Lopez produced summary judgment evidence that suggested that hundreds of incidents occurred each year on H.I.S.D. buses and that the H.I.S.D.'s response to this problem was inadequate; the argument is that the H.I.S.D.'s failure to respond appropriately to this safety hazard constituted official policy in callous disregard of the students' liberty interests. However, the only evidence of pervasiveness was the testimony of Kelton that hundreds of incidents occurred each year involving students on buses. As defined by Kelton, "incidents" included parental complaints about the location of bus stops and students becoming "unruly." Nothing in the record suggested a pre-existing pattern of student fights on buses, constituting a widespread problem mandating an official response. Indeed, Lopez did not specifically prove that there had been any other fights, despite ample time for discovery. For example, the H.I.S.D. required drivers to complete Bus Conduct Report forms reporting disciplinary problems to the H.I.S.D. principals. These forms, if discovered, might have indicated if fights actually occurred on H.I.S.D. buses.


Finally, Lopez argues that the H.I.S.D. delegated policy-making authority to Bradford. To hold Bradford's acts were the acts of the H.I.S.D. because he exercised delegated "policymaking authority," Lopez must establish that Bradford was given more than discretion to act. See Pembaur, 106 S.Ct. at 1299. This Lopez did not do.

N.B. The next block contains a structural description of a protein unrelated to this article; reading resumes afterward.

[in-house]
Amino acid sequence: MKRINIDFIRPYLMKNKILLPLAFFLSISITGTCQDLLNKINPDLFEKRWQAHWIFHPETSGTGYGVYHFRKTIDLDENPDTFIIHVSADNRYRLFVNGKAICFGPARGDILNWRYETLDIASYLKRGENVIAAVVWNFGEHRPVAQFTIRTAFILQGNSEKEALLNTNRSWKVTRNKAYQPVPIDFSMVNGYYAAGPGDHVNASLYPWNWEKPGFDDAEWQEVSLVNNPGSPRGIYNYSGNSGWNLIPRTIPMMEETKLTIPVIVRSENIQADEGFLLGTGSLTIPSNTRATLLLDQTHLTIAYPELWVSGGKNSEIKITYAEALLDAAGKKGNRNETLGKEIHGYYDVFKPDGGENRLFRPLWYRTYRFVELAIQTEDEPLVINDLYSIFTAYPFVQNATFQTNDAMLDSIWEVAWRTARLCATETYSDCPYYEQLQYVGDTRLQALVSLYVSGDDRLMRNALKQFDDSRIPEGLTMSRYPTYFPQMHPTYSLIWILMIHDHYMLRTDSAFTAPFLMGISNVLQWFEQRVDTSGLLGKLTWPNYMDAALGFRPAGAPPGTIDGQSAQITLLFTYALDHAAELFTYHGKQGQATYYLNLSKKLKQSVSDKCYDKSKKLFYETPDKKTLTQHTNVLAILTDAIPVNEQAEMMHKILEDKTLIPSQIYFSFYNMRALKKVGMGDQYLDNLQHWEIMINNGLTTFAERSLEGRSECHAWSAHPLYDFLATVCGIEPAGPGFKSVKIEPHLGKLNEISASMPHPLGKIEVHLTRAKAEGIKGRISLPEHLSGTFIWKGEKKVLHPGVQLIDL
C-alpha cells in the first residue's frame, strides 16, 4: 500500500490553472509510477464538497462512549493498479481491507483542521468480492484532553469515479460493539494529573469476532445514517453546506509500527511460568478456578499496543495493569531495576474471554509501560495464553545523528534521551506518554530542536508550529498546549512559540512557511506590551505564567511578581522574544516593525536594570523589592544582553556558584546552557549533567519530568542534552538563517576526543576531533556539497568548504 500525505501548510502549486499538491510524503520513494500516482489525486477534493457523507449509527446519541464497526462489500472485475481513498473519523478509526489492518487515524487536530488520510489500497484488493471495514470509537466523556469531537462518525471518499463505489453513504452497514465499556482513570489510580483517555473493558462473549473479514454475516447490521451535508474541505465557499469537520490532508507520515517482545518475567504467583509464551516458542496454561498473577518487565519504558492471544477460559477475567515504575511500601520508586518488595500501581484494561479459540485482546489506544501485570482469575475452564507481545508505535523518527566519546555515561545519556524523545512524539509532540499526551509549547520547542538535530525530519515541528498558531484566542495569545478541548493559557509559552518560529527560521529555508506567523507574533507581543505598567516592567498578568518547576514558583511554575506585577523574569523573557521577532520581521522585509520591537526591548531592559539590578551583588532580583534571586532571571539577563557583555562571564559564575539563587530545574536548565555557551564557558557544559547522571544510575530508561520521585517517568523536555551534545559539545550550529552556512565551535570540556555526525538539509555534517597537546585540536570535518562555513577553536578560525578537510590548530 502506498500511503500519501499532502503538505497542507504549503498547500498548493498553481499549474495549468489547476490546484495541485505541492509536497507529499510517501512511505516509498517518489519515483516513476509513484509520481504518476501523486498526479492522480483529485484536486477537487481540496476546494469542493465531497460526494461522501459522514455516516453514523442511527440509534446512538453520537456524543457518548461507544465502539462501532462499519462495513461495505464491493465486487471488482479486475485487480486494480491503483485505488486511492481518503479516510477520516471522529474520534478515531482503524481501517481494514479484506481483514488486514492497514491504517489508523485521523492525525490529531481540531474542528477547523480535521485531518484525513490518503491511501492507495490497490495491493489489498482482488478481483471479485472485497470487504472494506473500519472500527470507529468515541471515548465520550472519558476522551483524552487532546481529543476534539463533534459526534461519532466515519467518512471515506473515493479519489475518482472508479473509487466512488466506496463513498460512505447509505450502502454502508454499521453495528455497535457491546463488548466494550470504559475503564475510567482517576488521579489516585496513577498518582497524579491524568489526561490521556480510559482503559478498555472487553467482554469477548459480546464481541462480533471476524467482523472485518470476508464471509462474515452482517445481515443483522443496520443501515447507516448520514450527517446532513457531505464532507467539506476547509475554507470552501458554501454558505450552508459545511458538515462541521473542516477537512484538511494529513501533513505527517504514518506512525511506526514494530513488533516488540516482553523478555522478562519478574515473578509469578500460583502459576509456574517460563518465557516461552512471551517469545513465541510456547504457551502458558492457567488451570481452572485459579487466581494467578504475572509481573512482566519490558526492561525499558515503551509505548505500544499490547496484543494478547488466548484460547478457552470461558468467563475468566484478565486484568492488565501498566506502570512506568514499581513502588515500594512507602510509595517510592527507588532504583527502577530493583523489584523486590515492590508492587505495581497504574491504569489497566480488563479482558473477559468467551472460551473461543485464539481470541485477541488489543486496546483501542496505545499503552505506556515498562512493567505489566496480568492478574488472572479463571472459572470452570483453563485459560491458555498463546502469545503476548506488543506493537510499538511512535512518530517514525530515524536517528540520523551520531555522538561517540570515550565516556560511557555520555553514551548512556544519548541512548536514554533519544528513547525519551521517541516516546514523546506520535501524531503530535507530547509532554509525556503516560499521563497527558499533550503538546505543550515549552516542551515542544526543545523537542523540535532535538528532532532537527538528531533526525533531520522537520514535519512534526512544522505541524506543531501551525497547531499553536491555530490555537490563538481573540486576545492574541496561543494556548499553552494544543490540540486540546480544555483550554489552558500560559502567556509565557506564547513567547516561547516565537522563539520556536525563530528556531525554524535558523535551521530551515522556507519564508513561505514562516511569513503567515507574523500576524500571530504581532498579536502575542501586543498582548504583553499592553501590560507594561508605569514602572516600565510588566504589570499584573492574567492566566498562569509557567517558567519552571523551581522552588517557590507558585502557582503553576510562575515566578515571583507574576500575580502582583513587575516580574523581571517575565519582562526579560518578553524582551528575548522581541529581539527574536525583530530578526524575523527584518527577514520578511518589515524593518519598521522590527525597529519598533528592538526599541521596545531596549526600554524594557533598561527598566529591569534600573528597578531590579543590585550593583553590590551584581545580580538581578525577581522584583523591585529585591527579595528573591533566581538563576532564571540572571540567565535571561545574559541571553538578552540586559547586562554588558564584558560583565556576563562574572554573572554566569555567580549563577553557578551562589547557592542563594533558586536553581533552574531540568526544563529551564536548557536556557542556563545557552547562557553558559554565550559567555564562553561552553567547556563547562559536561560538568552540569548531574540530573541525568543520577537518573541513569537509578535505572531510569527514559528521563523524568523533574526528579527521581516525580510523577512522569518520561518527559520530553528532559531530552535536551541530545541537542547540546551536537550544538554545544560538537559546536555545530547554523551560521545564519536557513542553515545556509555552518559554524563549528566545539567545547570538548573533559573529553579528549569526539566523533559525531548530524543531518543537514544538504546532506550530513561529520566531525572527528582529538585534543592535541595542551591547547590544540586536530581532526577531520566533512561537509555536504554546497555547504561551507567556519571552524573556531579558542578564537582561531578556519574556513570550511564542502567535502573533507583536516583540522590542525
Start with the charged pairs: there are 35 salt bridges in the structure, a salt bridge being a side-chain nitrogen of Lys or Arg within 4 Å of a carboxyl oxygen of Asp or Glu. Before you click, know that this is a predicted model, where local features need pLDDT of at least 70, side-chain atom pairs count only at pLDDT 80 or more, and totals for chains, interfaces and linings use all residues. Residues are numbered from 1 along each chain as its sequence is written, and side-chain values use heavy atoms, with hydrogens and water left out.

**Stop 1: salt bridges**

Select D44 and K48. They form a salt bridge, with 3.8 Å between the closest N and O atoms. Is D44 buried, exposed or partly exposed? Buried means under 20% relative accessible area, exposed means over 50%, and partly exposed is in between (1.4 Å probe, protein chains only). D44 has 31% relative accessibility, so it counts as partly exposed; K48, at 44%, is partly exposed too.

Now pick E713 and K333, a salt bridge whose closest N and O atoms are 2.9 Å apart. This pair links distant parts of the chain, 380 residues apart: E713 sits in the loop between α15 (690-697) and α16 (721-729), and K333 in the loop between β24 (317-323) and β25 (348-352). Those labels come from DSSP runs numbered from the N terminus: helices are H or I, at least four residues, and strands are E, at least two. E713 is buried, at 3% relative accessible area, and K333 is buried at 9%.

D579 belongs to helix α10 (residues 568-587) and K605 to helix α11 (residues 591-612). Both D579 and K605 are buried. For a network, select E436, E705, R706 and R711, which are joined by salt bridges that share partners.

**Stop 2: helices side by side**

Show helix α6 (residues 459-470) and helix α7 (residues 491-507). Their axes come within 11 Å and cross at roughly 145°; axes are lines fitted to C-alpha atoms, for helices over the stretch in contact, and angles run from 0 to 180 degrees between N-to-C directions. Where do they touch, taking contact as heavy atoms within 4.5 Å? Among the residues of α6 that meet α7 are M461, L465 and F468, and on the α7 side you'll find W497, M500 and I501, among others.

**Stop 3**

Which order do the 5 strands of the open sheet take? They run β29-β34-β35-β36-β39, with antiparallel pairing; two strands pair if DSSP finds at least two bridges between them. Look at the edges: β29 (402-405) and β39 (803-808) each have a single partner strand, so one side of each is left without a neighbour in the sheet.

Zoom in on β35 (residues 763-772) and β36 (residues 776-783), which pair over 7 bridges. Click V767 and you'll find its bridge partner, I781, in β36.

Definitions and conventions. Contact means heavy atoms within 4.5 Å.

The district court also granted summary judgment in favor of the individual defendants, dismissing all claims brought against them in their individual capacities.


* Kelton and House, as supervisory officials, may not be held liable under Sec. 1983 on a respondeat superior theory for the actions of Bradford. See Thibodeaux v. Arceneaux, 768 F.2d 737, 739 (5th Cir.1985). The only arguably direct act of Kelton and House is an asserted failure to train properly H.I.S.D. bus drivers; but, causation aside, such failure must have callously disregarded John's constitutional rights. Cf. Bowen v. Watkins, 669 F.2d 979, 988 (5th Cir.1982) (a failure to supervise gives rise to Sec. 1983 liability only where there is a history of widespread abuse). There is no support for a finding that Kelton or House were grossly negligent or deliberately indifferent to the constitutional rights of the H.I.S.D. students.



In Daniels v. Williams, 474 U.S. 327, 106 S.Ct. 662, 667, 88 L.Ed.2d 662 (1986), the Supreme Court held that negligent conduct does not implicate the due process clause of the fourteenth amendment, specifically overruling Parratt v. Taylor, 451 U.S. 527, 101 S.Ct. 1908, 68 L.Ed.2d 420 (1981). The Court did not address the issue "whether something less than intentional conduct, such as recklessness or 'gross negligence' is enough to trigger the protections of the Due Process Clause." Daniels, 106 S.Ct. at 667 n. 3.


We have held that allegations of callous indifference are sufficiently within the ambit of purposeful acts to state a claim of constitutional deprivation under Sec. 1983. Jacquez v. Procunier, 801 F.2d 789, 792 (5th Cir.1986). Lopez has alleged that Bradford "failed to act reasonably in carrying out his duties, same constituting an abuse by government and/or a callous disregard of Plaintiff's rights." The district court read this complaint to allege only that Bradford acted negligently in failing to protect John or render aid, and dismissed the suit against Bradford. Read liberally, however, this complaint alleged that Bradford acted in callous disregard of John's constitutional rights.